4.  The two toenails affected are on my second toes (ie next to big toe).  What is weird to me is that these are not my longest toes.  I would have thought it would be the longer toes that would be affected?
5.  Once the toenails are dead, half gone or gone is there anything special you need to do to ensure there are no issues with infection?  :shok:
6.  How long roughly does it take to recycle a toenail back to normal?

Thanks  :hi:

Stej.

#13 silvermachine

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Posted 10 November 2011 - 06:09 AM

Hello Stej,

I am about a month in front of you (trail race at end July) so will try to answer your questions according to my experience:
1. Yes, I think if the nail is broken at the root.
2. Chop 'em when there is no pain underneath and to stop them getting in the way.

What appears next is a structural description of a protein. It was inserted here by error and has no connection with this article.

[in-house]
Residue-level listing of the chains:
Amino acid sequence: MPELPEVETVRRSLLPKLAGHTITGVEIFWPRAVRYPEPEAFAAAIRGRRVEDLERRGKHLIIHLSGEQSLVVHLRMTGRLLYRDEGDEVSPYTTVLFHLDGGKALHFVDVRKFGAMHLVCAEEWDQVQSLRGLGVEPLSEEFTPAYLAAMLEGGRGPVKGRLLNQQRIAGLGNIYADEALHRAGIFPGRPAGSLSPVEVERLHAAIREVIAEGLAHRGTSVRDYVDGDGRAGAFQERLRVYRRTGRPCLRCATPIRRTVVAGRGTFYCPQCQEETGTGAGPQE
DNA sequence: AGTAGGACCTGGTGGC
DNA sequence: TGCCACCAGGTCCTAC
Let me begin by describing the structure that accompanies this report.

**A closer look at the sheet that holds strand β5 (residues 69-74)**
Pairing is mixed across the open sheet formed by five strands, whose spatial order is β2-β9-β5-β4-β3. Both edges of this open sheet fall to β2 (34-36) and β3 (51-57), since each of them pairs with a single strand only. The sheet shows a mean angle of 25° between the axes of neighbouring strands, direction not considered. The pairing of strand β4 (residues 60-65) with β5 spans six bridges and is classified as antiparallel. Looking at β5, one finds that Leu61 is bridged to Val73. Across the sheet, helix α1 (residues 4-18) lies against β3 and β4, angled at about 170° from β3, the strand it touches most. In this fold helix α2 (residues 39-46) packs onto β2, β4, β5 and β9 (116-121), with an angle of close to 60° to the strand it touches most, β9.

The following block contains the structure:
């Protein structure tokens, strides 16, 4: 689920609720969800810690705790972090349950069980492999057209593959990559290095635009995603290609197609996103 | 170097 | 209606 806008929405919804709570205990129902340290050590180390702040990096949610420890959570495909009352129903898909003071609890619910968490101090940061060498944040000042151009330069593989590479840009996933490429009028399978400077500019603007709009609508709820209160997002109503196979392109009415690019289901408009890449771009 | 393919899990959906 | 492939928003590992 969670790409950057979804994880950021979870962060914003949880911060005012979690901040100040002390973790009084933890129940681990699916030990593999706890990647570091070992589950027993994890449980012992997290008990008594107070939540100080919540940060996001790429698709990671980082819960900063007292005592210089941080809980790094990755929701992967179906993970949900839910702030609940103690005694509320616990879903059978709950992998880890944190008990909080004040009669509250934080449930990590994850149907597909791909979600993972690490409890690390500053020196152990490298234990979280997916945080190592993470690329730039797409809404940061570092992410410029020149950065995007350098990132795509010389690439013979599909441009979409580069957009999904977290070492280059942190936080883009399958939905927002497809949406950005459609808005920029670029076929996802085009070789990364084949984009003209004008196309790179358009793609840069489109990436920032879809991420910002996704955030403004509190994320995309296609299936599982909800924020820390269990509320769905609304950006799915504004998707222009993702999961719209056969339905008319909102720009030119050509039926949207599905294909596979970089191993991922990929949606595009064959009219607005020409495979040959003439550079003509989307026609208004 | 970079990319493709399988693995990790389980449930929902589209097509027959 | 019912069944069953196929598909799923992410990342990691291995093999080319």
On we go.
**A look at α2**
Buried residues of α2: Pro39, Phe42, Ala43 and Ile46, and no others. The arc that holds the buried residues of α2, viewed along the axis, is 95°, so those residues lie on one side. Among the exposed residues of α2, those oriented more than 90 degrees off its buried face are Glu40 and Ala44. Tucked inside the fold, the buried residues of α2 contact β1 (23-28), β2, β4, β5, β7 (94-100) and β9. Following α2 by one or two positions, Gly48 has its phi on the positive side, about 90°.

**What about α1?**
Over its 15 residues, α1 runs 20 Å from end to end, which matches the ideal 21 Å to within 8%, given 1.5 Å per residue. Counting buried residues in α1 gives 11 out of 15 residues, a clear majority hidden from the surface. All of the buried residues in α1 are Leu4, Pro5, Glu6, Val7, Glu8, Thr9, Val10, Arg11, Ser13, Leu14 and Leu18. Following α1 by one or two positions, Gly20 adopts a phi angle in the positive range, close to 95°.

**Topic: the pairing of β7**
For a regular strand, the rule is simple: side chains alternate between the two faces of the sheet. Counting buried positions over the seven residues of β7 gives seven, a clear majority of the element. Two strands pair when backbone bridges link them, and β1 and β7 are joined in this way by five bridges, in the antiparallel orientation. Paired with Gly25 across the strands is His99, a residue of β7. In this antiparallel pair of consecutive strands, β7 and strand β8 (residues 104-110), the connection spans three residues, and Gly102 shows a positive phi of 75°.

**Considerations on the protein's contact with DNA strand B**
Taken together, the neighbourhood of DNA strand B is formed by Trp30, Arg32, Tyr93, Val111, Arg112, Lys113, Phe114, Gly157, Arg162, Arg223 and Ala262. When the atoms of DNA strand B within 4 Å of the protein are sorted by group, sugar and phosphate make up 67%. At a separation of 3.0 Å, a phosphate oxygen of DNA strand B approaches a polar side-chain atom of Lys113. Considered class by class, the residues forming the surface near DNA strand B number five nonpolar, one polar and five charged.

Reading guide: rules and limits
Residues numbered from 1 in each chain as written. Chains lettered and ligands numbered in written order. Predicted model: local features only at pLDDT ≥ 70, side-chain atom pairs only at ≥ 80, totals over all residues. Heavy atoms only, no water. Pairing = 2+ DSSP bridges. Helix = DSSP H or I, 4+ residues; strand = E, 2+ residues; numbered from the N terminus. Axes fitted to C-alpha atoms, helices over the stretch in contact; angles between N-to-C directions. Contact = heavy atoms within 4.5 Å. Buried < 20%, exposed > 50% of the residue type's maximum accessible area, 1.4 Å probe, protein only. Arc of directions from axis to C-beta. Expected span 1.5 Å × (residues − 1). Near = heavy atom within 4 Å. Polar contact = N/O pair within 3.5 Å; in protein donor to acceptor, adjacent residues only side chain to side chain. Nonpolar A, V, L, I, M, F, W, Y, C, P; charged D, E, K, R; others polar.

3. I noticed a thin flakey second nail underneath also, and assumed this was normal.
4. My second toe is my longest toe and I have done that toe on both feet and have removed both nails as they lifted. I have also damaged the next nail along on one foot a few weeks ago from landing that toe directly against a rock - something that only ever happens in trail races as I push it more than when in training. The pain at the time was enough to tell me that I would be losing another nail. I have done the same nail on the other foot but only partially, so I think I will keep it.
5. I have had no issue with infection. The pain only lasted 3-4 days.
6. A month ahead of you and I have thin nails now exposed which feel fine but would not yet be as strong as the other nails. I hope they get strong!

Hope this helps.



#14 Stej

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Posted 11 November 2011 - 11:32 AM

Thanks silvermachine - it is reassuring to know that my toenail experiences are not too unusual.  In fact I'm not really missing those toenails at all and seem to be doing fine without them.  I told my nephew (5 yo) when he asked that the toenails fell of because I didn't eat enough of my broccoli  :) I wonder if this will have the desired effect...